This is my most favourite time of the day by a country mile. I relish it.
5 Consider tracking your cycle
I’ve used the fertility awareness method for a while now (google it), and it has taught me so much about my body that I didn’t know. Since having R, I’ve noticed an increase in PMS symptoms and that a few days in each month I feel much more tired and experience bursts of almost uncontrollable rage. If I am prepared for this, I can handle it better, and I can forewarn my husband that I might need a bit more understanding and support than usual.
Before R, this time of the month always meant sequestering myself somewhere and spending time focusing inwards even more than normal – lots of long baths and early nights with a good book. This is harder to do now, and a lot of the time I get it wrong, but I’m still learning about being the mum version of me. With cycle awareness at least I know when it might be approaching and can make sure that I have quiet days planned and plenty of chocolate in the house!
6 Be kind to yourself
This is easier said than done, and might apply best retrospectively.
How many times have I lost my temper and shouted at R or the cat, or done something stupid in the heat of the moment? Too many to count now. A particularly special incident resulted in me chucking dayglo orange nail varnish across the room, only for it to smash against the wall and land in the laundry basket full of whites (of course).
Over Christmas on one awful Sunday where R wouldn’t sleep anywhere, I hurled him into his cot and stormed out of the house (C was home). I sat on a bench feeling sorry for myself before picking up the sorry pieces of me and dragging myself back home to keep going despite the overwhelming urge to be alone.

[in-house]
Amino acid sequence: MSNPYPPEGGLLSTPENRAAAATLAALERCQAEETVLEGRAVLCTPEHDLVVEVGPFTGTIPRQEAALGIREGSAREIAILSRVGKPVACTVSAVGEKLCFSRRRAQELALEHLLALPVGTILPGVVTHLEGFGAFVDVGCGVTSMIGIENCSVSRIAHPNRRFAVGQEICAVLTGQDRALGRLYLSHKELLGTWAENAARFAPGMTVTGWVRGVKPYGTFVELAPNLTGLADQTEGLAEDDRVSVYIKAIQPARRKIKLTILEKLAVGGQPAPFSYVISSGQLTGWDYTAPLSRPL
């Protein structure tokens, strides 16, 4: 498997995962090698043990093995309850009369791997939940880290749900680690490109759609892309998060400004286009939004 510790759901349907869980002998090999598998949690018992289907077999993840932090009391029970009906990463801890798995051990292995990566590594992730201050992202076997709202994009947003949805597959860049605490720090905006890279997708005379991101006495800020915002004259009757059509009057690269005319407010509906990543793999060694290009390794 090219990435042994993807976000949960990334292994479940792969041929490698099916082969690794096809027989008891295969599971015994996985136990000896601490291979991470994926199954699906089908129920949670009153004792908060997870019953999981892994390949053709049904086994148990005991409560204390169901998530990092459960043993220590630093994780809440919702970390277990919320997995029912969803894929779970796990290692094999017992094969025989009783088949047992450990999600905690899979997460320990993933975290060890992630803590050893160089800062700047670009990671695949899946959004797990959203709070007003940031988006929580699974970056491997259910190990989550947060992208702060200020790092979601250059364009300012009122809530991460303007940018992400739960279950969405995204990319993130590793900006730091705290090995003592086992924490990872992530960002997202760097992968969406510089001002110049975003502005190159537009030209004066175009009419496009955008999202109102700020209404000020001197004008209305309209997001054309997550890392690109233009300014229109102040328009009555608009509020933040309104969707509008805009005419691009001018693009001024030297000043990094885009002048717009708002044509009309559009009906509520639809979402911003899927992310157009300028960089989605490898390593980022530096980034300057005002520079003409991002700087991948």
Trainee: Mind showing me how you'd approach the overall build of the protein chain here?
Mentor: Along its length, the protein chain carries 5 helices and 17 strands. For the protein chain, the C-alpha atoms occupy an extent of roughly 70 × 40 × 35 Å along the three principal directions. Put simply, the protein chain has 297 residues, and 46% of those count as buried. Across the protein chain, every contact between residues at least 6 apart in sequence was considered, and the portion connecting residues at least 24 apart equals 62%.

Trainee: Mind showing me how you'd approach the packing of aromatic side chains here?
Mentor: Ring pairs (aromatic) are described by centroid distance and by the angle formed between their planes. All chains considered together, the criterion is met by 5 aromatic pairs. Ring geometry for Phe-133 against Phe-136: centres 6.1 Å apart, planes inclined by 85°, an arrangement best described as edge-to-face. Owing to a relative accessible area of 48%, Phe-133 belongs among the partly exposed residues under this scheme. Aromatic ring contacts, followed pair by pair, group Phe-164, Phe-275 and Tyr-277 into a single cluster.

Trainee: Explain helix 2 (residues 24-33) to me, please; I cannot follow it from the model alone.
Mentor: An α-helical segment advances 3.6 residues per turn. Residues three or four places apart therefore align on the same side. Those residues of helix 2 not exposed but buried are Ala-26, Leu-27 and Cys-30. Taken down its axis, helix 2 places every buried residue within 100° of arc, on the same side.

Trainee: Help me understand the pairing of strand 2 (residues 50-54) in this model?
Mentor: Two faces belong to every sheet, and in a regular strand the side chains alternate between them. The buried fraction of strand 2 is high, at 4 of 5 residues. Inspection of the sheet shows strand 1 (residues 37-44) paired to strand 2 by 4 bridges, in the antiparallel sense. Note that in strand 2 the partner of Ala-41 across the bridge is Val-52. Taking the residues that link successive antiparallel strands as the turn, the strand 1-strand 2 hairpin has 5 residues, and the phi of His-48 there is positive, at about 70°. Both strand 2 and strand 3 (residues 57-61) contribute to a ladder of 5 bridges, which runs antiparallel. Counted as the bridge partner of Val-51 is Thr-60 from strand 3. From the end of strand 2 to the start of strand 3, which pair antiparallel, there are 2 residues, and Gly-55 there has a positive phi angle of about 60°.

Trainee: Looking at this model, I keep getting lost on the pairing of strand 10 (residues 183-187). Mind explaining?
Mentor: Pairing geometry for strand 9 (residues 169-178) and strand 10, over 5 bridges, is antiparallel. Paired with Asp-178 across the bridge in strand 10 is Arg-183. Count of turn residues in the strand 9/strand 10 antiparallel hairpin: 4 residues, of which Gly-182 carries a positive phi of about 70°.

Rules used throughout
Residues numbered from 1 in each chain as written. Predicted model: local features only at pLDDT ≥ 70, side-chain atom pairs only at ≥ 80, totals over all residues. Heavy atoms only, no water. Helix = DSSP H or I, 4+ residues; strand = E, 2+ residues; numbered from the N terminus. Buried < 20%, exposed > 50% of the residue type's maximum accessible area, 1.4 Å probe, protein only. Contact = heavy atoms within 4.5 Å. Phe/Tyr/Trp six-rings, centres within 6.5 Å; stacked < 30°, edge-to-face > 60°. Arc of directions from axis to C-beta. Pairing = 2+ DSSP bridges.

During these moments I have hated myself and wished that R had a better mum who wanted to be with him at all times, who had limitless patience, and who isn’t selfish. Once the moment has passed though I’m able to understand that no one has a mum like that – she doesn’t exist! I can look back and forgive myself for it because I know why I felt that way, and because I know I wouldn’t actually deliberately harm R. I can also apologise, and recognise that I’m only human. Deborah has said frequently to consider what you would say to yourself if you were a friend giving advice, and I think that’s such a helpful way to think of it.
7 Enjoy the good moments
When you’re out with a baby, people are always stumbling up to you with sappy grins and saying unhelpful things like ‘make sure you enjoy every moment’. It’s clearly impossible to enjoy it all. We do cloth nappies, and neither of us enjoy scraping poo into the toilet!
But, when it’s good it is really, unbelievably good, isn’t it? Good in a way you never thought possible.
I try to focus on enjoying those days, on putting them to memory and on sharing them with my husband, or family or friends with a silly smile on my face. That way I have a stock of lovely moments to look back on and remind myself that I’ve totally got this.
Presumably one day it’ll be our turn to turn to strangers on buses clutching their screaming babies, wondering whether they might ever sleep again, and say, ‘enjoy every moment, it goes so quickly’.
If you’d like me to share a story with other Boldly Glow Mamas email me with your story and a photo.